Week commencing 7th September 2009 marks Financial Planning Week, held by the Institute of Financial Planning (IFP). This is the second anniversary of the scheme which aims to offer debt advice about how we can deal with our finances more effectively and improve our situation by planning ahead. One of the key goals is to improve our “financial fitness”.
Their website, www.financialplanningweek.org.uk offers a wealth of debt advice and information for a number of different household groups, such as families, older couples and young professionals. The website offers financial tips about how to control cash flow, saving and debt advice. They have highlighted their 10 “simple tips” for better household finances which are as follows:
1. Identifying future goals. Identifying your life goals, such as moving home, travelling or planning for your retirement, allows you to understand the true cost of these goals and work out how much you will need to save to meet the timescales. As the site says: Don’t forget – fail to plan then plan to fail!
2. Knowing your financial worth. Understanding your net worth (difference between what you own and what you owe) helps you understand your true financial position. Armed with this information you will be able to get the targets to go with your future goals and avoid having to seek debt advice in the future.
3. Budgeting. Spending less than you earn is the key to a happy financial future. IFP recommend that you draw up a realistic budget to stick to and work out how you can cut your costs and increase your income.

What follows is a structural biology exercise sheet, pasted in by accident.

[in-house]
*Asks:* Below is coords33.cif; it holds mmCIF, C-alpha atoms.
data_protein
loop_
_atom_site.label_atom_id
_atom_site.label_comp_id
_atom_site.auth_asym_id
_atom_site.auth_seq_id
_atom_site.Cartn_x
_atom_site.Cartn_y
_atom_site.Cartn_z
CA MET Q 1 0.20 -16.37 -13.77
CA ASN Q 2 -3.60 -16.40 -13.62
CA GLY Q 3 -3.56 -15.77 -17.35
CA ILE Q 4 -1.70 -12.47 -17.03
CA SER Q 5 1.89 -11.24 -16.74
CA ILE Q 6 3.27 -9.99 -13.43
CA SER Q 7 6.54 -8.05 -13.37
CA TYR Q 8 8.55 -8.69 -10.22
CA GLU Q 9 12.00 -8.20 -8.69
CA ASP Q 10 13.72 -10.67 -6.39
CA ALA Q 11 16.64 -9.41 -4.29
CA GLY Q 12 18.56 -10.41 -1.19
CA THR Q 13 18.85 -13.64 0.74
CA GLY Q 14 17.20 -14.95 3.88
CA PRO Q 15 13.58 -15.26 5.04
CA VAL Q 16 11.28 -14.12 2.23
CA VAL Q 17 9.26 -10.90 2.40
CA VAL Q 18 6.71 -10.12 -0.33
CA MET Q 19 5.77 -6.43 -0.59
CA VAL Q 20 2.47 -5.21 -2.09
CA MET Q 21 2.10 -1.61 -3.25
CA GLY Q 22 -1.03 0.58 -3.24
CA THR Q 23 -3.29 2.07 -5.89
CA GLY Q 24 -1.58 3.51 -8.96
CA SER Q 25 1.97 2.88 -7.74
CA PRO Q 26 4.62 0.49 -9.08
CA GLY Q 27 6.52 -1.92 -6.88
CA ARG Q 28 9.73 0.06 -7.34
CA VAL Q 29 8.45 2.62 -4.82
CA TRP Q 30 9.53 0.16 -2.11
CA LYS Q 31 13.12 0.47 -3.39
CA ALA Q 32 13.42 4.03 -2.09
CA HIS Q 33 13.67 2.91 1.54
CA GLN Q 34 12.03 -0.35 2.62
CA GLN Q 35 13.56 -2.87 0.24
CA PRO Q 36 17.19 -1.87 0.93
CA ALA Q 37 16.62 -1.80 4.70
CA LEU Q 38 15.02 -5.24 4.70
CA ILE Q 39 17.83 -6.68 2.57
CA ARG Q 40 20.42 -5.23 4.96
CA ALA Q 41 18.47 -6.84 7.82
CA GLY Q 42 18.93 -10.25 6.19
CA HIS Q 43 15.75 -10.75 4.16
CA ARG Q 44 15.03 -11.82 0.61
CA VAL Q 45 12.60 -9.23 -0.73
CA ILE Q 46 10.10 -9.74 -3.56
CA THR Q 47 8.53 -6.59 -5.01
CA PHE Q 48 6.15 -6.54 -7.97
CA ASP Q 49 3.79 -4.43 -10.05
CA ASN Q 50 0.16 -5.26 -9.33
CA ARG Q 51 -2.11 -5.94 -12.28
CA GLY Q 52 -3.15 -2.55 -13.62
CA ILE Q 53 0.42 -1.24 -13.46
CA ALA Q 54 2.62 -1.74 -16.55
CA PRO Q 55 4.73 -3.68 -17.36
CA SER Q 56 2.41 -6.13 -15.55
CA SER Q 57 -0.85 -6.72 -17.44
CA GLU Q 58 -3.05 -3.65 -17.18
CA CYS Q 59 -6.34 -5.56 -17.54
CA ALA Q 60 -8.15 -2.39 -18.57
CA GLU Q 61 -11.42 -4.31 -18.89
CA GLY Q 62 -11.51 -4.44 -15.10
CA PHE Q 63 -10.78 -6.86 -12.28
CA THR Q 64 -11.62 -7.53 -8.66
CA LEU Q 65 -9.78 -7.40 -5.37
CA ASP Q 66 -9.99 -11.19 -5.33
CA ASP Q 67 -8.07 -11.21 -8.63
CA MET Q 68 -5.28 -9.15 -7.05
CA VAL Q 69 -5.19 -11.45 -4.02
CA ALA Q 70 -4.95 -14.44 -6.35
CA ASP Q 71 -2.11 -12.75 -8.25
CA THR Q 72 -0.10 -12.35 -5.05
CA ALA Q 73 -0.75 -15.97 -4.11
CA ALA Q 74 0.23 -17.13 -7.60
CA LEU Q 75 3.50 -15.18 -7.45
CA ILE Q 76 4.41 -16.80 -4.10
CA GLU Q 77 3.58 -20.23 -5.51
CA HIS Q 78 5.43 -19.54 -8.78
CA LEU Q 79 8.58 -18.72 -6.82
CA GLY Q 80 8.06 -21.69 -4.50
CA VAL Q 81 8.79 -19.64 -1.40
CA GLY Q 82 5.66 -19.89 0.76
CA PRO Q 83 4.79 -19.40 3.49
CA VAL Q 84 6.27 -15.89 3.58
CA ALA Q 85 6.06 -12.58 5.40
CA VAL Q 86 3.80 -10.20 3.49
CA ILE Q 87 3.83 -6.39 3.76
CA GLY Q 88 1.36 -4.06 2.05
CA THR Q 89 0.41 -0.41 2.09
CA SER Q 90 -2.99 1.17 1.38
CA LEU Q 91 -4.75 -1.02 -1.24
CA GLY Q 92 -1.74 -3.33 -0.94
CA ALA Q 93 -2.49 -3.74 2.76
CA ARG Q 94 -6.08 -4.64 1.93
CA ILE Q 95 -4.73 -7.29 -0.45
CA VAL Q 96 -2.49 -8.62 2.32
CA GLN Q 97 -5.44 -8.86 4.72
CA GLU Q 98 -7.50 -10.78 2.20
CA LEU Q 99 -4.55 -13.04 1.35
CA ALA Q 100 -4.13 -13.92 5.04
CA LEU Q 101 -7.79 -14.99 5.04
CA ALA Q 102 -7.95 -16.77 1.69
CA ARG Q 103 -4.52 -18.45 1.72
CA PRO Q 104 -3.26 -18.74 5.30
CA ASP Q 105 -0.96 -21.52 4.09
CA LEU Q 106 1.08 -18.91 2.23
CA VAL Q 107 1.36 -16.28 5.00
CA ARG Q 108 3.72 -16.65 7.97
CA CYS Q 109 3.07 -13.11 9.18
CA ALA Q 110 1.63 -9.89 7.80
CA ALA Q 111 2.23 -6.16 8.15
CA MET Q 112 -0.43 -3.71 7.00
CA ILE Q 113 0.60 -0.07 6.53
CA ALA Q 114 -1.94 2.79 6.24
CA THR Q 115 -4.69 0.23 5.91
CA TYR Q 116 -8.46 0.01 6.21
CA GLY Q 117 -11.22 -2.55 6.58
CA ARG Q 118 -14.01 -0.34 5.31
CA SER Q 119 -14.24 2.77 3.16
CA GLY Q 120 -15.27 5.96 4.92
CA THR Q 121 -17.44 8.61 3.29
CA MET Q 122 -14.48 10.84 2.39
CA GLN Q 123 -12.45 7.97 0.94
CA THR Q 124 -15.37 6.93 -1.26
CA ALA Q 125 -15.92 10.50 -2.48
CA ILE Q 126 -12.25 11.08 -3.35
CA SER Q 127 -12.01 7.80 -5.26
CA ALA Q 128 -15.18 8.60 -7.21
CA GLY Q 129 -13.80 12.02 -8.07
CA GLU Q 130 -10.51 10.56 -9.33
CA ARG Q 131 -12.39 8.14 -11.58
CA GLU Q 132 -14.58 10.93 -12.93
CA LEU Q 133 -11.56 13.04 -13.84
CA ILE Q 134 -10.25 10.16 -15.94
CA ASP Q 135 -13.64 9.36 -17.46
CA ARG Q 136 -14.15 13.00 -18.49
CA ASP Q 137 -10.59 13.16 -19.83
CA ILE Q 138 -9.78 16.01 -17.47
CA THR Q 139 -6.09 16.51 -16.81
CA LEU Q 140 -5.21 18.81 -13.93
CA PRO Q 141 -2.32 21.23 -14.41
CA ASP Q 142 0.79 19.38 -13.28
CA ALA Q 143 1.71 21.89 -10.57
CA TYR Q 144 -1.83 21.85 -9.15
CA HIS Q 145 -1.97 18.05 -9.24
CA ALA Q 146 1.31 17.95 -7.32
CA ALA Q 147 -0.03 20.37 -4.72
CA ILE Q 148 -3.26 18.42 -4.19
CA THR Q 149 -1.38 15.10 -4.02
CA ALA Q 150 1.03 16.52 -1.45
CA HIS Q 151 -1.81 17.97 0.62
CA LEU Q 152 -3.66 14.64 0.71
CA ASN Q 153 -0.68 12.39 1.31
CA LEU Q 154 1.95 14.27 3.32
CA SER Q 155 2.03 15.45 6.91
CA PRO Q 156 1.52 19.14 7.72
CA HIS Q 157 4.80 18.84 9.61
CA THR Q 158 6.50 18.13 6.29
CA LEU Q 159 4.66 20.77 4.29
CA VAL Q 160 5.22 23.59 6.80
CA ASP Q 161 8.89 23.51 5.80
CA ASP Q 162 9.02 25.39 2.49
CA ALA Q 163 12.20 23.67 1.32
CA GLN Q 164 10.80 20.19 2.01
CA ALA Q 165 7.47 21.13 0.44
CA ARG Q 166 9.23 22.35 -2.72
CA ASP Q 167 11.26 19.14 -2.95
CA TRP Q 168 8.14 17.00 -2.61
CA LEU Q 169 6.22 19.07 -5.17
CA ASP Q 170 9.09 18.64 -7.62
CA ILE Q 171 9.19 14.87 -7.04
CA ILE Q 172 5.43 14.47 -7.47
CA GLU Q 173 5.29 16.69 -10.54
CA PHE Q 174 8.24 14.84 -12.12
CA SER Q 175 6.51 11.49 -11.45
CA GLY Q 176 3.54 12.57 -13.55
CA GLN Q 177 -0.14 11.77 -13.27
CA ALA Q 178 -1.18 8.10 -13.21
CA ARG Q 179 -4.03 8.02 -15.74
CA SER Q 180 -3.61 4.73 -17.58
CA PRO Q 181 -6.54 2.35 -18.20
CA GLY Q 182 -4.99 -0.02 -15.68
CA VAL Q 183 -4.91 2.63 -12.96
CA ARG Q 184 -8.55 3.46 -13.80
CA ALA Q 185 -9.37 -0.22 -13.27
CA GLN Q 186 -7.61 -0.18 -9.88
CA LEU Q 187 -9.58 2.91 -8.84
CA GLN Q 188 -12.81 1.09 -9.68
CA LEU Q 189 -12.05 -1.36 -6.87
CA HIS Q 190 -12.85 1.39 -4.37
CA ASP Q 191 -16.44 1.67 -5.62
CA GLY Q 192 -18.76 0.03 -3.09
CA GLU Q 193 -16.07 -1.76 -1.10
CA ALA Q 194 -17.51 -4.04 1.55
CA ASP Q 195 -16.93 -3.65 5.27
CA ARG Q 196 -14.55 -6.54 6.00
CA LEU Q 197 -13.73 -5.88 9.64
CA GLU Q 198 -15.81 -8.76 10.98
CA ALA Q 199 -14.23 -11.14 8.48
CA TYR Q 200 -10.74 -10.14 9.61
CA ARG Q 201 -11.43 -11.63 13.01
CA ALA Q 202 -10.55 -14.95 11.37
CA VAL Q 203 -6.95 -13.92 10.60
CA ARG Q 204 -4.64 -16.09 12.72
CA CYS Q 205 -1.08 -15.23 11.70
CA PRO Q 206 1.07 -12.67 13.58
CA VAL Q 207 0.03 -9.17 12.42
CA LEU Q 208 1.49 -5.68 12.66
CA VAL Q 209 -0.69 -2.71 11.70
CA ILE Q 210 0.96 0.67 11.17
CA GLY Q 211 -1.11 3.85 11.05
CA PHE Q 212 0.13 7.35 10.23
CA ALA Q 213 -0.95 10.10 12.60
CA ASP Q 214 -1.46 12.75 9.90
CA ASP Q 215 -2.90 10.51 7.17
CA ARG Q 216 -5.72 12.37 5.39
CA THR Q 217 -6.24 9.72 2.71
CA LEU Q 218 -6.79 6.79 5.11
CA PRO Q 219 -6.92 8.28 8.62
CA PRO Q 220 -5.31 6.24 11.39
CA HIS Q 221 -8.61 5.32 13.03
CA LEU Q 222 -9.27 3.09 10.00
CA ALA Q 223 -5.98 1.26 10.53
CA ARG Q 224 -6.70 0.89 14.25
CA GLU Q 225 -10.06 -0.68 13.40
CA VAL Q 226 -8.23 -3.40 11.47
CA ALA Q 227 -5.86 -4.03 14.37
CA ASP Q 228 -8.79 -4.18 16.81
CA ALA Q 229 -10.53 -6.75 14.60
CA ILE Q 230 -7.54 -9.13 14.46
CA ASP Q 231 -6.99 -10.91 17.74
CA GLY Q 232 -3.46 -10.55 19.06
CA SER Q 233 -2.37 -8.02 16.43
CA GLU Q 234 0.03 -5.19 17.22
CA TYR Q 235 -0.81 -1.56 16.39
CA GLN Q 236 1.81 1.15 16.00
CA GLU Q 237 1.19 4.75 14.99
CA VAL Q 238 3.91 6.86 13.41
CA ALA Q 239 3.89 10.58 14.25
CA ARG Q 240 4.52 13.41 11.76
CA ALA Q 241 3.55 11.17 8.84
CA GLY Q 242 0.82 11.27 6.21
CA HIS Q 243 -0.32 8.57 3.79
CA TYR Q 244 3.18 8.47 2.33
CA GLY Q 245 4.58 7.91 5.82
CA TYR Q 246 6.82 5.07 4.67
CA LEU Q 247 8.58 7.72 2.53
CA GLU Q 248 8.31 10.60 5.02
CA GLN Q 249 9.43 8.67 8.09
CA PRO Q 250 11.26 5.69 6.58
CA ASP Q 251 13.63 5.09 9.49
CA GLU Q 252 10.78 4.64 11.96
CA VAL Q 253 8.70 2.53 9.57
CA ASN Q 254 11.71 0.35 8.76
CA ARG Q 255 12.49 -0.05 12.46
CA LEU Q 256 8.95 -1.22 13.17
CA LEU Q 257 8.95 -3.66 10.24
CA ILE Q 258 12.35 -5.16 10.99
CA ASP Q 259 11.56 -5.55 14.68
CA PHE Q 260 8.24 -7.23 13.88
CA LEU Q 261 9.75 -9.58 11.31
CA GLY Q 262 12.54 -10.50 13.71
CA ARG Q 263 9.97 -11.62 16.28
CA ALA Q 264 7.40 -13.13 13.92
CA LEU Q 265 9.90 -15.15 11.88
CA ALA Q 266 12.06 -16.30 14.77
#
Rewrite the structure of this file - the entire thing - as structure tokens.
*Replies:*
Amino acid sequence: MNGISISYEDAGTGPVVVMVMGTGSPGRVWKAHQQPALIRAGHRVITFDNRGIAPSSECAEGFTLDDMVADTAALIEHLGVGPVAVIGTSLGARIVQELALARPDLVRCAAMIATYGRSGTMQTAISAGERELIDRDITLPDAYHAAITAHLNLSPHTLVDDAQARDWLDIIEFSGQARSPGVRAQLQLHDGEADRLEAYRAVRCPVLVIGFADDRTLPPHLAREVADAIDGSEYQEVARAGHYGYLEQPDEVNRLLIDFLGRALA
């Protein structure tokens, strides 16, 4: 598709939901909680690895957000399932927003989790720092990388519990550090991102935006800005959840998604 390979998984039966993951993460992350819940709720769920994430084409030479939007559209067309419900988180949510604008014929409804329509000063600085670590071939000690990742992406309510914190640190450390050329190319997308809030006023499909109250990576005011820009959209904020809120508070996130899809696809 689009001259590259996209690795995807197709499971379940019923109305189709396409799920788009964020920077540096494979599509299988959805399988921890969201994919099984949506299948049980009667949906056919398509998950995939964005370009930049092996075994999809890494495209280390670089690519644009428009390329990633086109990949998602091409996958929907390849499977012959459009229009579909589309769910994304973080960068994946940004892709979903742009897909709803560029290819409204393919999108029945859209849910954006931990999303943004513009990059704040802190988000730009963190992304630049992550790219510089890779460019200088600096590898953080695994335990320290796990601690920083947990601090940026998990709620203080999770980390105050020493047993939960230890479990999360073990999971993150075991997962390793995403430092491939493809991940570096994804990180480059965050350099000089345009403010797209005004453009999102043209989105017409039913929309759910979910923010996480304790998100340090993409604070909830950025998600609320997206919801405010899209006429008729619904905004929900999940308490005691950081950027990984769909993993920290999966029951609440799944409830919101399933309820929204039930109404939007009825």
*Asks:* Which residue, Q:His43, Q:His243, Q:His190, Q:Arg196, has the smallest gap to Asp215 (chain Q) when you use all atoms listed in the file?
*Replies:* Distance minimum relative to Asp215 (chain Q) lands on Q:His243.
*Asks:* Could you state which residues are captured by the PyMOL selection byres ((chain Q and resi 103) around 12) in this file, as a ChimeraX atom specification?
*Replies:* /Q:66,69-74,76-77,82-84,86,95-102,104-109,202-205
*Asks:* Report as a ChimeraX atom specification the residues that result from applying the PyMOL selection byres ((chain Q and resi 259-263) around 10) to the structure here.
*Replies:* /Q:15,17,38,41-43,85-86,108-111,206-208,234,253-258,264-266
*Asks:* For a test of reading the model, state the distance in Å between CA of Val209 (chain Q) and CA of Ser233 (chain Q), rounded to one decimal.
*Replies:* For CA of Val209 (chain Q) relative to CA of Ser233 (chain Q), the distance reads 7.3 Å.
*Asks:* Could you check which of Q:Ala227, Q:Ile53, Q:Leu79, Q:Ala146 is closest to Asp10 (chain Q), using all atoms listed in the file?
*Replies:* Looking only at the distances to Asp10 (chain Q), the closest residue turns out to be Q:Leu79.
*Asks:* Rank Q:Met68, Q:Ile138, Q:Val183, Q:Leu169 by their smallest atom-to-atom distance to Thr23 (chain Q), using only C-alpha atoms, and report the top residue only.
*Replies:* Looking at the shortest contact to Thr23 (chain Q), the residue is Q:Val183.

4. Debt Advice. The obvious message is to borrow only what you need and be sure that you understand the true cost of borrowing, such as the rate on interest that you will be charged on your purchases. Work out how to deal with your debt as quickly as possible.
(One Advice can help you deal with your debt and offer you debt advice. If you are struggling to pay your bills and find that you are falling behind on your payments, please get in touch for debt advice. We have a number of financial solutions which could lower your monthly unsecured debt repayment.)
5. Emergency Funds. Saving an emergency fund for two to three months worth of income could help cover any financial emergencies which which may face in the future, such as being made redundant or expensive car repairs. This cash cushion means that you shouldn’t fall into debt at a later date.
6. Learn how to save. It is often more important to tackle your high-interest debts and build an emergency fund first. But saving on a monthly basis for short or medium-term projects, such as a summer holiday or new car, can make these big-ticket purchases more affordable to you.
7. Protect yourself. Protecting yourself and your assets against unforeseen events is an important consideration to make. Ensure that you and your family have the right amount of cover against illness or accidents, otherwise your finances could easily become destabilised.
8. Planning for your retirement. No matter how old you are it is important to think about your future. Investigate your workplace pension scheme and see if your employer makes a contribution to it too.
9. Consider Investing. IPF believe that investments are not just for those who have a high level of disposable income. They say that investing can open up opportunities to make your money work harder for you over the long-term.
10. Share your debt advice and knowledge. Spread the word about the financial knowledge and teach your children about how best to deal with their money. The earlier they understand the future impact of their finances, the easier it should be for them to manage their money in the future.
Nick Cann, CEO of IPF, commented: “The last 12 months have been awful for everybody and there are no concrete signs that things will get better until 2010. It isn’t however time to panic. It is however time to put some context around the finances… Now is the time for action, for people to give themselves the best chance of achieving their goals and objectives and make a real difference to their lives.”